Wilcockson / Sunada

It’s Valentine’s Day. And for most modern cycling fans, it’s being remembered as the 10th anniversary of the sad, sudden death of Marco Pantani. The Italian racer is still revered as a national hero by the tifosi—right up there with Fausto Coppi and Gino Bartali— even though the thrill of his exhilarating climbing solos has since been tempered by the knowledge of his drug use—and the cocaine addiction that eventually killed him at age 34.

I was in New York a couple of weeks ago, talking to a new friend, a photographer and everyday cyclist, who had only a slight interest in bike racing. He told me that one of his favorite books was a slim volume written by the famed Italian novelist, journalist and poet Dino Buzzati about the 1949 Giro d’Italia. That book was first published in 1981, nine years after the writer’s death. The Italian title was: “Dino Buzzati al Giro d’Italia: Un Epico Duello tra Coppi e Bartali” It was published in homage to Buzzati, a compilation of dispatches he wrote from the road during that initial postwar Giro—the first top-level bike race Buzzati had ever followed—for his newspaper, the Corriere della Sera.

The book was subsequently translated into French before the English-language rights were acquired in 1998 by VeloPress, a company I helped to start. We used a former professor of Italian, Julia Amari, to do an initial translation from the Italian, and I then worked on the manuscript, using the beautifully translated French version, to produce the 202-page paperback we called: “The Giro d’Italia: Coppi vs. Bartali at the 1949 Tour of Italy.”

The Afterword is written by Italian scholar Claudio Marabini, the man who had the idea to make a book out of Buzzati’s dispatches. Marabini captures the spirit of the novelist’s work in these two sentences: “On the backdrop of the Giro, the faces of the anonymous crowd were those of the common people of an Italy in which all of us, the war having just ended, were rediscovering the hope of a better tomorrow. The Giro was building its myth, reborn every day, after every evening’s dissolution.”

Fifteen years after that English version appeared, I was thrilled to learn that people in New York were still reading it (or discovering it). Indeed, last June, a Brooklyn-based writer Genevieve Walker, in an article for Guernica, the online magazine for arts and politics, called Buzzati’s book “a masterpiece of sports journalism…a beautiful account of a great bike race and a window opened onto an era’s uncertainty….”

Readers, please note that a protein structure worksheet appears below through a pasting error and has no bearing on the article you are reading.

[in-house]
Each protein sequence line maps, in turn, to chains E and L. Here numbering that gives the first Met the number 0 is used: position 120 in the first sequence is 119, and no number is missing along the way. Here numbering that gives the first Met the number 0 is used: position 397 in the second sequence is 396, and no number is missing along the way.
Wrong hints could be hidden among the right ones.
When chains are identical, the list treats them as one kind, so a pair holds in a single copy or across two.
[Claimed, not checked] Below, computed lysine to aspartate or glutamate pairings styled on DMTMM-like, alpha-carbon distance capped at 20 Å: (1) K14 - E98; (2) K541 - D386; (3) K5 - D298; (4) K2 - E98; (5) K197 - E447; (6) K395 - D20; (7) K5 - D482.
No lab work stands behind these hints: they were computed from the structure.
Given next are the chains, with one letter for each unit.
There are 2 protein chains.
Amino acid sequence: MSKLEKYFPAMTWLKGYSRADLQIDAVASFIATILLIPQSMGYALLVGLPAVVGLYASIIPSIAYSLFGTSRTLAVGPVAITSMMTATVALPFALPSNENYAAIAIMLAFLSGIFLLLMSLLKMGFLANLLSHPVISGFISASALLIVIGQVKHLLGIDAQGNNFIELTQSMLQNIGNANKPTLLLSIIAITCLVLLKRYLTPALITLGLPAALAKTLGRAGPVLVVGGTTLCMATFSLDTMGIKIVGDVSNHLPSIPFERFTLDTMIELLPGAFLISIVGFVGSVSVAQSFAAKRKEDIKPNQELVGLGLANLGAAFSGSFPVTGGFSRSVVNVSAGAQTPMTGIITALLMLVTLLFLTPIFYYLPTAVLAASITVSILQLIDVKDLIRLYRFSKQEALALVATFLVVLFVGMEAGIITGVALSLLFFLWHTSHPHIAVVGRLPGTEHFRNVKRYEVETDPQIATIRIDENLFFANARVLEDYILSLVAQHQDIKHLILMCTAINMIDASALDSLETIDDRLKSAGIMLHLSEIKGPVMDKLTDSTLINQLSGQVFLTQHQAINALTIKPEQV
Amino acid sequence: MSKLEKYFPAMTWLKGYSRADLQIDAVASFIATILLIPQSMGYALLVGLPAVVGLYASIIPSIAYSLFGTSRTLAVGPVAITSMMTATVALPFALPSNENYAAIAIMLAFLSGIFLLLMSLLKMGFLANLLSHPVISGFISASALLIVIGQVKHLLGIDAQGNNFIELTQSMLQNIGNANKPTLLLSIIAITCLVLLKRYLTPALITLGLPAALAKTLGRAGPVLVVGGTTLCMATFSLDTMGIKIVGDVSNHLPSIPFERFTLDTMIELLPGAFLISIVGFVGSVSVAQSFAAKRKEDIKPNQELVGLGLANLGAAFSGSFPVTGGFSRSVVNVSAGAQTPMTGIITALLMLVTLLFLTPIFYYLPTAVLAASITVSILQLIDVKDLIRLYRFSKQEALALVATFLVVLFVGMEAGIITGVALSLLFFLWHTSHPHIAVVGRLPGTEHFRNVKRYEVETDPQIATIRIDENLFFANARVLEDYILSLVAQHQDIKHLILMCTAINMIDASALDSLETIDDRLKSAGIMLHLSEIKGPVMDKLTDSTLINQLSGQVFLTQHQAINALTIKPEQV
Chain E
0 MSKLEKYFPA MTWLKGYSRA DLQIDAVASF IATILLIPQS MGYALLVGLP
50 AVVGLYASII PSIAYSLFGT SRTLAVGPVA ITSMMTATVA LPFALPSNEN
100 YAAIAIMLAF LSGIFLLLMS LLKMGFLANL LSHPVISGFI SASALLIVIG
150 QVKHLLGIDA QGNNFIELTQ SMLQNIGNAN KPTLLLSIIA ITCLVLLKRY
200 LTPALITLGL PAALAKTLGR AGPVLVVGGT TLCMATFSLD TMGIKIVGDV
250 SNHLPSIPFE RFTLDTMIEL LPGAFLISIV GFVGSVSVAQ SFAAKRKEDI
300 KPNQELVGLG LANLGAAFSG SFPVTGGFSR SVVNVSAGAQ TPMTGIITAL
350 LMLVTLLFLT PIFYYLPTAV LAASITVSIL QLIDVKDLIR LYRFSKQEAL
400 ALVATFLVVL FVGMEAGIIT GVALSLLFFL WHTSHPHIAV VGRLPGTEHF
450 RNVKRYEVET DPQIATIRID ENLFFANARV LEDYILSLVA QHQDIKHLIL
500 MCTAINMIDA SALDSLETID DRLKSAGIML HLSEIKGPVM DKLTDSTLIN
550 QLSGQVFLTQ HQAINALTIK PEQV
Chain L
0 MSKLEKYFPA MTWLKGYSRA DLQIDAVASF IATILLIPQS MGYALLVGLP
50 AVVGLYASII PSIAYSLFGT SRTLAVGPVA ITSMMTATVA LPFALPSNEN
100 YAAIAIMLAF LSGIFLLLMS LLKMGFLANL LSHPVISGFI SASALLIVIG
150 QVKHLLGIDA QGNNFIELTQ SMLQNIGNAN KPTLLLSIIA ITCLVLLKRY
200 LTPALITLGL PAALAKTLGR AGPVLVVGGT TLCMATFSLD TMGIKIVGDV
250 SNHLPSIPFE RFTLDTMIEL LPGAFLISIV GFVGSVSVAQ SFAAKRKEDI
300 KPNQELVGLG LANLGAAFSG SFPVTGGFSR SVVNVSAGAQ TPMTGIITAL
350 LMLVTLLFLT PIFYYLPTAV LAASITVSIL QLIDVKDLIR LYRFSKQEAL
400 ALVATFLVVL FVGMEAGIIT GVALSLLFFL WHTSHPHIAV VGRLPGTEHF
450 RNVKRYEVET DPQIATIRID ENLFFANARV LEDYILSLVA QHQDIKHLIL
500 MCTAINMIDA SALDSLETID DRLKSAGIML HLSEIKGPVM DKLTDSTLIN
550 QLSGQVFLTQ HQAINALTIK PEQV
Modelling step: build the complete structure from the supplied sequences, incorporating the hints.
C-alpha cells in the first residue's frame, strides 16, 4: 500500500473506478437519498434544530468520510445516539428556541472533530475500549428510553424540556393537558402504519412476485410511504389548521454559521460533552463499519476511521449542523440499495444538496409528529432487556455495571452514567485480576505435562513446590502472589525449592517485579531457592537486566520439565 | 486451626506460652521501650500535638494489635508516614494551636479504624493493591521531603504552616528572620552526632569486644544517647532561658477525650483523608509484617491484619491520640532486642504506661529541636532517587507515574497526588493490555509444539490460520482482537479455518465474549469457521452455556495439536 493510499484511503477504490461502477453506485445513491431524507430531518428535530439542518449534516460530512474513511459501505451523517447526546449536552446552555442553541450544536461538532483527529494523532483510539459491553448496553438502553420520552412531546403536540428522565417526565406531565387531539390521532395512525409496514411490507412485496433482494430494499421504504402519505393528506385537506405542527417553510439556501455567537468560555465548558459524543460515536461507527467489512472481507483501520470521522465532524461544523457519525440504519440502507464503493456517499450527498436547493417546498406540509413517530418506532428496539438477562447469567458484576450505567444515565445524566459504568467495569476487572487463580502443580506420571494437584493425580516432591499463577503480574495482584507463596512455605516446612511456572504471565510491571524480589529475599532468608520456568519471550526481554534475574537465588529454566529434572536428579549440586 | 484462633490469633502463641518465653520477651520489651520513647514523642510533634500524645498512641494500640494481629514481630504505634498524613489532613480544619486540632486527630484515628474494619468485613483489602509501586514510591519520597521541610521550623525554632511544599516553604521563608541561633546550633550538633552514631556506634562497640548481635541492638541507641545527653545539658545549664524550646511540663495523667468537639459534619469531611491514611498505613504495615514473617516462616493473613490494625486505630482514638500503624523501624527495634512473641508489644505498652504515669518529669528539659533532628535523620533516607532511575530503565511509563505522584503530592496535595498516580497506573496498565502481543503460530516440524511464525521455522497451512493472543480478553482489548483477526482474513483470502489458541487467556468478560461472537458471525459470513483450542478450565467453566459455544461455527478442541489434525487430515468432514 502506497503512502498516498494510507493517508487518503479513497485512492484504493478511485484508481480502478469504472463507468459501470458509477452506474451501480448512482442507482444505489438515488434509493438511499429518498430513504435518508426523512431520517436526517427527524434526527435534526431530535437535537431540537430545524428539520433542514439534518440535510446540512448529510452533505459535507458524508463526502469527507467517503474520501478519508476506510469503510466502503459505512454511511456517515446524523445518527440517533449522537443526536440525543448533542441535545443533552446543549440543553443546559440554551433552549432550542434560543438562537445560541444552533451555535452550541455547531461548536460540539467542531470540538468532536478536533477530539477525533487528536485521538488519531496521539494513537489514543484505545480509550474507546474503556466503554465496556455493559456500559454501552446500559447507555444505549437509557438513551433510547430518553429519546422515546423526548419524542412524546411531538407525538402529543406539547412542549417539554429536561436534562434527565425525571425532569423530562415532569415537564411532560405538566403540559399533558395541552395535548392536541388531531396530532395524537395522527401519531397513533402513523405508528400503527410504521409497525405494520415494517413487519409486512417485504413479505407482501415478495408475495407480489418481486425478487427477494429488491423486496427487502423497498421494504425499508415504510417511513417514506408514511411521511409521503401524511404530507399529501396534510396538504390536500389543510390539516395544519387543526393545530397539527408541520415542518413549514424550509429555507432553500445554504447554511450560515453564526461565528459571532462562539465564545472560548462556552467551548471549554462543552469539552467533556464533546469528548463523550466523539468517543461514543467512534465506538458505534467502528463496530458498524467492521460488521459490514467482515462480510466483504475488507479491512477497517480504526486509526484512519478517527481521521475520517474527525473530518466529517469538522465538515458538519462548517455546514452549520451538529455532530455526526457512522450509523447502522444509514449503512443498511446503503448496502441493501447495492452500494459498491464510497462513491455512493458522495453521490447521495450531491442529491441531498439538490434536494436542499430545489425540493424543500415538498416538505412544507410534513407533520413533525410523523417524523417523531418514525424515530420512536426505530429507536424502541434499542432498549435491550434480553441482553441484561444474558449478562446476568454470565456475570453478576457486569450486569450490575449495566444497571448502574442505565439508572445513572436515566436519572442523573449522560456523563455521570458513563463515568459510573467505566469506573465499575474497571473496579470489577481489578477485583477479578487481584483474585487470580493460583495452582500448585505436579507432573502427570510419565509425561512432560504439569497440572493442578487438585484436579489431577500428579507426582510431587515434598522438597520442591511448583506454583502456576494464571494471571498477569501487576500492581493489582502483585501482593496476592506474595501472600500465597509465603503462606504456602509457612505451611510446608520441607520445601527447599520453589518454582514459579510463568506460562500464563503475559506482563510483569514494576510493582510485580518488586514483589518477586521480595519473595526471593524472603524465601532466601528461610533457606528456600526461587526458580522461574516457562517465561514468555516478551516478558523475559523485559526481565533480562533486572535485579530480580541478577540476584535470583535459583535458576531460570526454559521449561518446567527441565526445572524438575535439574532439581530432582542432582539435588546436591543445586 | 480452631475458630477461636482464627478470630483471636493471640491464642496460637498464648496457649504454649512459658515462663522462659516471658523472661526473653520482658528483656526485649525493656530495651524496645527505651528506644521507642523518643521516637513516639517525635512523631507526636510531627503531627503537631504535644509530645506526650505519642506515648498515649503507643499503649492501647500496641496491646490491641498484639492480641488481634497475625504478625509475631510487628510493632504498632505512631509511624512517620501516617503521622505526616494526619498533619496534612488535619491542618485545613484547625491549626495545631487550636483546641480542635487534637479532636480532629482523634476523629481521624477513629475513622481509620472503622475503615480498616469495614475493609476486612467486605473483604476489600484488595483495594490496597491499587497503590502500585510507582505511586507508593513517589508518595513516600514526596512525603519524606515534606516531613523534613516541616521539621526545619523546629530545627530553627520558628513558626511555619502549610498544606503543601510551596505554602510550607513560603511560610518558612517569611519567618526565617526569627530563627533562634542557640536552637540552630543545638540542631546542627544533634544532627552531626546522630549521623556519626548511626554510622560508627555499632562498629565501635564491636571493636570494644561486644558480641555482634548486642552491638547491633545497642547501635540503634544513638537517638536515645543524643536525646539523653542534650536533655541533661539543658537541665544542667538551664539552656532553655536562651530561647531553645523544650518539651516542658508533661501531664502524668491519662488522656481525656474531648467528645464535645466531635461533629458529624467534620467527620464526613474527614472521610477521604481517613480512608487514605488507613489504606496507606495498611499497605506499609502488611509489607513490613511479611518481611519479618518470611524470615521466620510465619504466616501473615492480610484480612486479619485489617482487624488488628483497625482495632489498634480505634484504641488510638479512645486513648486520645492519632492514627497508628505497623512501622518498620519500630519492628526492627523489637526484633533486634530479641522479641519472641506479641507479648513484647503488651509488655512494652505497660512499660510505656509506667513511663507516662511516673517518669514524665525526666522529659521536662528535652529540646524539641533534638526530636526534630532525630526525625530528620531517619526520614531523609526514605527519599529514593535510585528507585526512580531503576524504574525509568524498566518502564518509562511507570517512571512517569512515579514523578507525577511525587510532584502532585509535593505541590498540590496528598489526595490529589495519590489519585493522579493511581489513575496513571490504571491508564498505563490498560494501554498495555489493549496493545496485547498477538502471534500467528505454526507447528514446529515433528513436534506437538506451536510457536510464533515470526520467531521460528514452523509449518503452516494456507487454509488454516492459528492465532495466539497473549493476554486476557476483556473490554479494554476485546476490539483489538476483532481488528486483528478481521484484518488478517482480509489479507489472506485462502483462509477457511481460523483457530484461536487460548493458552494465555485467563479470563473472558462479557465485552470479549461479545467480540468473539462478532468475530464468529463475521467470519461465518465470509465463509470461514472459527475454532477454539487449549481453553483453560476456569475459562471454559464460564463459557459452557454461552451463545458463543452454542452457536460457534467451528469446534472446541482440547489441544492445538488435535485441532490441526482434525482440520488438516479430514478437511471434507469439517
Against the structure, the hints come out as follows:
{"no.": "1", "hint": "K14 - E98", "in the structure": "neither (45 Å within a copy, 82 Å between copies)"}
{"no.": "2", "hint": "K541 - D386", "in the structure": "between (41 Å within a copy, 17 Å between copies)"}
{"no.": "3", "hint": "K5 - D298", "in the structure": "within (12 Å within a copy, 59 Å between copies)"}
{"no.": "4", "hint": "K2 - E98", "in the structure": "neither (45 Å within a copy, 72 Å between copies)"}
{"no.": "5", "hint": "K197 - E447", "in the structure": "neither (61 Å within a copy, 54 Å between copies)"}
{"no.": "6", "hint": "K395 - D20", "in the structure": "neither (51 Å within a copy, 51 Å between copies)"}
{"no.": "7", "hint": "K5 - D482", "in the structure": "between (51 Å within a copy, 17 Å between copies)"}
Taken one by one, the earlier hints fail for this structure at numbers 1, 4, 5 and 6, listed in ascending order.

In the seventh chapter of the book, Buzzati writes about southern Italy and the incongruity of racing through exquisite countryside in the early part of a stage: “There were two, three attempts to break away, involving Pasquini, Volpi…and others whose names escape us. But the surrounding landscape was too beautiful. Even those racers lacking artistic sensibility were tacitly in agreement: to start slaving away in such a place was tantamount to cursing. It was like walking in a garden laid out above the bluest sea ever seen: huge olive trees like cathedrals, daisies, flowers, lawns, wheat and other plants, all green, and birds singing more voraciously than usual. The racers proceeded side by side on the wide ribbon of asphalt, as if they were only there to satisfy their curiosity, nothing more.”

Buzzati’s words on that Giro, and the words of Italian journalists and broadcasters over the ensuing 65 years, capture the beauty of Italy and the part played by cycling in the country’s rich heritage. Before 1949, the Italians’ Giro (and their cycling in general) had largely been raced on a domestic level. But all that started to change in the immediate postwar years. First, in 1948, Gino Bartali won the Tour de France 10 years after his first victory. The next year, after winning Buzzati’s Giro, Fausto Coppi went on to become the first rider from any country to win both the Giro and the Tour in the same year.

Coppi did this historic Giro-Tour double again in 1952. Since then, the only others to have achieved the feat have been Jacques Anquetil (1964), Eddy Merckx (1970, ’72 and ’74), Bernard Hinault (1982 and ’85), Stephen Roche (1987), Miguel Induráin (1992 and ’93) and Marco Pantani (1998). It’s no wonder that Coppi, Bartali and Pantani remain as icons of Italian cycling, despite the merits of their many legendary compatriots, including Alfredo Binda, Felice Gimondi and Francesco Moser, while Vincenzo Nibali is a candidate to join that list.

Coppi led a more public life and shocked more than half of the Catholic Italian public when he left his wife for the “woman in white.” But when he died from malaria three months after his 40th birthday, thousands traveled to his remote Piedmont village to attend the funeral in January 1960.

Bartali, known as Gino the Pious, was so private that few people knew of his acts of kindness aiding Italian Jews to escape the Fascists during World War II; and it wasn’t until five months ago that he was posthumously recognized as a “Righteous Among the Nations” by Israel’s Yad Vashem. Bartali died peacefully at his home near Florence at age 85: I remember it well because I was just heading out on my annual birthday ride, May 5, in 2000.

And so we come to Pantani, whose death was so shocking that few of us will ever forget it. As with Coppi, thousands attended Pantani’s funeral 10 years ago at the coastal village of Cesenatico. This weekend, Gimondi, Moser and Nibali will be among the guests attending a memorial there to celebrate Pantani—whose name remains in cycling’s palmarès as the last man to achieve the Giro-Tour double. I wonder what Dino Buzzati would have made of Coppi and Bartali’s tragic successor?

You can follow John at twitter.com/johnwilcockson